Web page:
Wired to succeed
Ebrahim Mohamed is a PhD graduate in Electrical and Computer Engineering from the Faculty of Engineering and Applied Science. Upon finishing his studies, Dr. Mohamed completed a post-doctoral fellowship at the University of British Columbia, and he is now an assistant professor at the University of Saskatchewan.
Dr. Mohamed chose Memorial for the distinct research profiles of his potential supervisors, and cites the university’s graduate student resources and opportunities as integral to his own success.
Where are you originally from?
Why did you choose Memorial for graduate studies?
I chose Memorial University because of the strong research profiles of my prospective supervisors in the Faculty of Engineering.
What was your degree program and area of specialization?
My degree program was the PhD in Electrical and Computer Engineering, and my area of specialization was wireless communications. In particular, my PhD work was about optimal link adaptation for emerging wireless communication systems.
How would you describe your experience as a graduate student at Memorial?
Overall, I had a great experience at MUN both professionally and personally. On the professional level, I was equipped with all the resources required to excel in my research. On a personal level, I enjoyed the beautiful landscape of Newfoundland and the hospitality of Newfoundlanders and Labradorians.
What were some of your accomplishments during your graduate degree?
I passed both parts of my comprehensive exam with distinction. I published five manuscripts in a first-tier IEEE (Institute of Electrical and Electronics Engineers) journal as well as several flagship conference papers out of my PhD work (all as a first author). My PhD thesis was also nominated for the CAGS/ProQuest-UMI Distinguished Dissertation Award, I received the outstanding TA award from the Faculty of Engineering and Applied Sciences, and I was named a Fellow of the School of Graduate Studies.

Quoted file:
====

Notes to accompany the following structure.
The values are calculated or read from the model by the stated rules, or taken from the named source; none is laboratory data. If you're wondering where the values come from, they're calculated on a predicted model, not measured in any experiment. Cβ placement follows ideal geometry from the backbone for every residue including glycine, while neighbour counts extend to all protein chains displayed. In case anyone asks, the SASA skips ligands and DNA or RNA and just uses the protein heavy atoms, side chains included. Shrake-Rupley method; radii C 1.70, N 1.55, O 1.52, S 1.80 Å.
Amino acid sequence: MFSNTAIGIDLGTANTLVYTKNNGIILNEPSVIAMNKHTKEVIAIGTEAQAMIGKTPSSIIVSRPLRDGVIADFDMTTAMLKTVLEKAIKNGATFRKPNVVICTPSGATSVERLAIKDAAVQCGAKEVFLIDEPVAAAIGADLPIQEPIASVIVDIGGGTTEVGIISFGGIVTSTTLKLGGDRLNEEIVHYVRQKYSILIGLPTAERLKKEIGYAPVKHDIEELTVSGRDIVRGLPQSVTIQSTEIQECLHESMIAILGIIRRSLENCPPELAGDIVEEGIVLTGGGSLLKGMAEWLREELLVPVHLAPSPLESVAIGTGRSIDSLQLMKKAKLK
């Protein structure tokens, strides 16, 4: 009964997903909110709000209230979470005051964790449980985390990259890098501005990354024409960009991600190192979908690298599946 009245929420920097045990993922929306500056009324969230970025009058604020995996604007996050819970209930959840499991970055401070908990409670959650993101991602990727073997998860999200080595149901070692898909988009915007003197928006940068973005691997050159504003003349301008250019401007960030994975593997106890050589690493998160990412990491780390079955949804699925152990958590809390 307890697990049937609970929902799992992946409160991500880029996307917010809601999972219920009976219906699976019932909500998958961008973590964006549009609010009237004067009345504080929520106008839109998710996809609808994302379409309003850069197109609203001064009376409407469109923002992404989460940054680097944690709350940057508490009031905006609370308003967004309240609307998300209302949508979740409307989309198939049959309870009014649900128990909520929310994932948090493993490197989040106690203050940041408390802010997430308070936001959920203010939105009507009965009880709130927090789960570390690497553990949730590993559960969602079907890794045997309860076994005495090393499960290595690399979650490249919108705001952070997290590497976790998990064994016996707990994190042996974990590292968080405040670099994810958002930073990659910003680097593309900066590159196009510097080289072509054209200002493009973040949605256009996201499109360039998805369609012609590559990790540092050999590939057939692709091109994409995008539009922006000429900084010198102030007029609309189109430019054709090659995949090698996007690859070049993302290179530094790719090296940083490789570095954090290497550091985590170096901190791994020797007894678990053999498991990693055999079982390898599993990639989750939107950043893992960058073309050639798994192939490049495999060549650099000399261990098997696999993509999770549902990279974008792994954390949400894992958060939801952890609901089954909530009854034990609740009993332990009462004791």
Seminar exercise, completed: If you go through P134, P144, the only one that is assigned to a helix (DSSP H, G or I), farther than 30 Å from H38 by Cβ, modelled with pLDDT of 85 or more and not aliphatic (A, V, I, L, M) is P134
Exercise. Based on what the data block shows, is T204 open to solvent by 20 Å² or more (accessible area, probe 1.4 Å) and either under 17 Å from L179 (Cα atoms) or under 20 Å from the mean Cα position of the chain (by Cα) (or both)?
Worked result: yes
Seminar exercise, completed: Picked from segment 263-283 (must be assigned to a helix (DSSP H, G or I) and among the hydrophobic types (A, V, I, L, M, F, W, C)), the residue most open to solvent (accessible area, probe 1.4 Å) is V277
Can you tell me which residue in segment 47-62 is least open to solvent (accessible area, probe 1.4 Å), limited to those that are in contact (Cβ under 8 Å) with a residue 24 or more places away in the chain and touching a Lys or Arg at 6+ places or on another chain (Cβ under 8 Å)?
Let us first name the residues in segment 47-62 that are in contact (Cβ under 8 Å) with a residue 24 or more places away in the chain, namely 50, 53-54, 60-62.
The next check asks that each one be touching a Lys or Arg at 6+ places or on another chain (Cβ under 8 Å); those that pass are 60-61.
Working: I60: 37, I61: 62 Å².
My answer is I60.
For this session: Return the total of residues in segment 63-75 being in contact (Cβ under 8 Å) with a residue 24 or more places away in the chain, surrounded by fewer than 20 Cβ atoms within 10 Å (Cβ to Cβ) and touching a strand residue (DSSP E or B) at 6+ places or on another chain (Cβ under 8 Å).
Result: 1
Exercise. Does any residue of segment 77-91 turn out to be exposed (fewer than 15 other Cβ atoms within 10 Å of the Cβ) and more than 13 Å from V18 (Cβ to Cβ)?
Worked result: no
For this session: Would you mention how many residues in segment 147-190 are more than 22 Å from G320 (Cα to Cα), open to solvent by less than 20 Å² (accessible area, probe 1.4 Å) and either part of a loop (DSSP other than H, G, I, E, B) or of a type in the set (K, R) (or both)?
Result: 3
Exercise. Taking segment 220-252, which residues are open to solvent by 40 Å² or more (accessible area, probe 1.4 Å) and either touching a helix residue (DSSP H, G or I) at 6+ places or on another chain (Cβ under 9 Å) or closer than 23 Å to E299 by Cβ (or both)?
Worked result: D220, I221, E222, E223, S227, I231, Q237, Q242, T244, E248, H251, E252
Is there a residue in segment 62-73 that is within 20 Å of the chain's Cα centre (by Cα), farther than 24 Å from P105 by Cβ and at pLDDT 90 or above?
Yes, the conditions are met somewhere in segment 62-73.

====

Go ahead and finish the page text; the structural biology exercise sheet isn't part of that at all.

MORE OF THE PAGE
What are you doing now after having graduated with your master’s degree/PhD?
Currently, I am an Assistant Professor in the Department of Electrical and Computer Engineering at the University of Saskatchewan.
Did you get a job directly after graduating?
Yes, I got a post-doctoral fellow position at the University of British Columbia, Okanagan Campus, right after graduation.
How did your graduate program help prepare you for your current job?
My PhD at MUN provided me with the required skills to excel in my current position. I had solid research training in wireless communications, digital communications, and signal processing, along with excellent collaboration opportunities with industrial and governmental funding agencies.
How did Memorial help to get you where you are today?
In addition to the excellent research experience I had at MUN, I gained teaching experience as an instructor for one year before graduation. Both the research and teaching experiences I had were instrumental to obtaining a job in academia.
What advice do you have for current and/or future graduate students?
Explore all available opportunities, as graduate studies are most likely to be the final chapter of the formal part of your education. A PhD is a big commitment that takes you to the edge of human knowledge, so work hard and believe in yourself.